When the 2006-2007 television season began, there were plenty of reasons to celebrate. Storylines on several TV shows ("Grey's Anatomy," "Desperate Housewives," "Medium," "The New Adventures of Old Christine," "What About Brian" and "Brothers & Sisters") prominently featured working mothers. Throughout the season, fictional moms seemed to be on a roll. They tried, with various degrees of success, to navigate careers while attempting to make sure their kids made it through their days relatively intact.
However, in the cases of "Grey's Anatomy" and "Brothers & Sisters," some of those mother-centric storylines disappeared as the seasons progressed, while "What About Brian" and "Desperate Housewives" propelled new working parent stories forward, and "Medium" and "Old Christine" touched on work-related stories intermittently. So, as we approach the hype of the season finale madness, Mommy Track'd decided to check in on where some working mom storylines are on your favorite TV shows.
Grey's Anatomy: Miranda, Miranda, Miranda.
This show's first few episodes had the most compellingly honest portrayals of working motherhood on television in the character of Dr. Miranda Bailey. Bailey - who recently had a baby - struggled with insecurity about how work would affect her child, as well as whether her male colleagues would think she'd lost her edge because she'd joined the mommy set. In powerhouse November episodes, Bailey vigorously defended her surgical career while still taking time to croon a lullaby into the phone to her son.
In one of those episodes, Bailey, Callie Torres and Addison Shepherd discussed having children and the impact of parenthood on one's career. When Torres glibly said she wanted a dozen kids, Bailey responded by saying, "One's enough, unless you plan to put away your scalpel." Meredith Grey - who, while growing up, felt like a nuisance to her high-powered surgeon mother - embodied the role of the child of a career mom, remarking, "People who want to have high-powered careers, I get that. But they should think twice about having kids." Later in that same episode, a hard-charging attorney gave voice to the other side of the coin, tearfully saying, "I'm no good at the mom stuff. I'm good at my job."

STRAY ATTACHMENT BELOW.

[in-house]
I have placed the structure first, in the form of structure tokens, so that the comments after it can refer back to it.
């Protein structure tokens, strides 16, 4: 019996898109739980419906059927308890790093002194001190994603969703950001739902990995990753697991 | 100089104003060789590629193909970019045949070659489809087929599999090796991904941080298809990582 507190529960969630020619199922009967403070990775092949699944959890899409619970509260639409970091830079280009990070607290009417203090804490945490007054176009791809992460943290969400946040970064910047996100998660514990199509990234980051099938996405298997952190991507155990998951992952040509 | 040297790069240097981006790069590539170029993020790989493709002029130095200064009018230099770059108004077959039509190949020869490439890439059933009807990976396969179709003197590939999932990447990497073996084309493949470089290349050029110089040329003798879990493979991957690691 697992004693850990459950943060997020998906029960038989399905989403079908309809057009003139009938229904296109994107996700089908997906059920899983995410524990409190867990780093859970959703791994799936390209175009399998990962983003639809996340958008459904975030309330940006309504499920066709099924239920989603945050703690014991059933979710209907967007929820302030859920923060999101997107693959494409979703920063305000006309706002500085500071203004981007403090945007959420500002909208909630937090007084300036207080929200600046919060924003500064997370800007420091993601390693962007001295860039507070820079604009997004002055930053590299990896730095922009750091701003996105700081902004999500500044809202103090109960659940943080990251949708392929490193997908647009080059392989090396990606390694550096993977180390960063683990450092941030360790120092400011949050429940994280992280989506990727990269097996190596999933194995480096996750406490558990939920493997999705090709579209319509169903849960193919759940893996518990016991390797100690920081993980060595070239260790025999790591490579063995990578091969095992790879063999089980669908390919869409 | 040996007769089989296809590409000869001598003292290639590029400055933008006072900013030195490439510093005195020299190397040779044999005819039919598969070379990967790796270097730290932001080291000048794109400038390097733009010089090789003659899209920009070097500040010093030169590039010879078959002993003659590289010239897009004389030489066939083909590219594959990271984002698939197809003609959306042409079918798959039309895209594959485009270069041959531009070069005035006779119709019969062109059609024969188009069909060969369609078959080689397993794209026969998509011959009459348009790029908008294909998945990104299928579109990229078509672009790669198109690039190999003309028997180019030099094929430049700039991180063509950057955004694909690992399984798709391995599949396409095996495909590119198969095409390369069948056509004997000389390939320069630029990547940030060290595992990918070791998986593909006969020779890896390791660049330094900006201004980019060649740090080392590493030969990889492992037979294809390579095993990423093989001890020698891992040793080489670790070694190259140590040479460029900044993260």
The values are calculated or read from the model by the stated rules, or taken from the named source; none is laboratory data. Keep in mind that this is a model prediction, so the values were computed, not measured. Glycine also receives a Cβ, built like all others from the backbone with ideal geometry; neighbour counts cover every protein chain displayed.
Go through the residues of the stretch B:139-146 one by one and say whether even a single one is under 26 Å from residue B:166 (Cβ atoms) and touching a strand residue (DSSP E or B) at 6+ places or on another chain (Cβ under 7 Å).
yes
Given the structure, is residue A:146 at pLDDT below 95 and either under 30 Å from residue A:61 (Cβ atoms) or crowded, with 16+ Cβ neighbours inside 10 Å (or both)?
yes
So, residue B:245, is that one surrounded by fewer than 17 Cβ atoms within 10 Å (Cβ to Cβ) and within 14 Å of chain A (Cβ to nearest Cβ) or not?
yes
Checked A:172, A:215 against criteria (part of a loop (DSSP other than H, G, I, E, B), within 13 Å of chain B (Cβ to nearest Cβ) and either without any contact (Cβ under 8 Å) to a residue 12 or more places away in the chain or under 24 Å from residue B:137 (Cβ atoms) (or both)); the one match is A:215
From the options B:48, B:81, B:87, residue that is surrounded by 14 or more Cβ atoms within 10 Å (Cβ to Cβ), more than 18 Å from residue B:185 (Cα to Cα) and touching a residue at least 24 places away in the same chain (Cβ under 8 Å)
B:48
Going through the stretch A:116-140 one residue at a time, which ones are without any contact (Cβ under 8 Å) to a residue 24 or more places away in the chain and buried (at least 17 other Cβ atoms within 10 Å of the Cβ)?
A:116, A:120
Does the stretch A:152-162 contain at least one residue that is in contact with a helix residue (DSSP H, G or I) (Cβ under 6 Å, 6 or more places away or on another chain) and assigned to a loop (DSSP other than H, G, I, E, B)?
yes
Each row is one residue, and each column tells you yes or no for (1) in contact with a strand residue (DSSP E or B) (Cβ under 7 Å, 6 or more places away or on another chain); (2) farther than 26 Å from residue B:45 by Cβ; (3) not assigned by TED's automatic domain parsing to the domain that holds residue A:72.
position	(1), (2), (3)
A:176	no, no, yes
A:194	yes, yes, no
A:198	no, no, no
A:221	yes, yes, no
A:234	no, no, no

And after such a substantive build-up, "Grey's" virtually ignored the working mom storyline and dropped nearly all references to Bailey's kid in 2007.
Desperate Housewives: Lynette Made a Choice.
For the first handful of episodes of this season's "Desperate Housewives," resident working mom, Lynette Scavo was bogged down with a ridiculous plot involving her husband Tom's former flame and the product of that union, a little, obnoxious girl. We heard precious little about Lynette's work until she was wounded in a grocery store shooting in a November ratings stunt. This led to the life-altering decision, as Lynette left her advertising executive post to help Tom run the family's new pizzeria. "When I got shot and I was lying there bleeding, I wasn't thinking, 'God, I'm really gonna miss advertising,'" Lynette told Tom, calling her decision to work with Tom "the best thing that's ever happened to our family."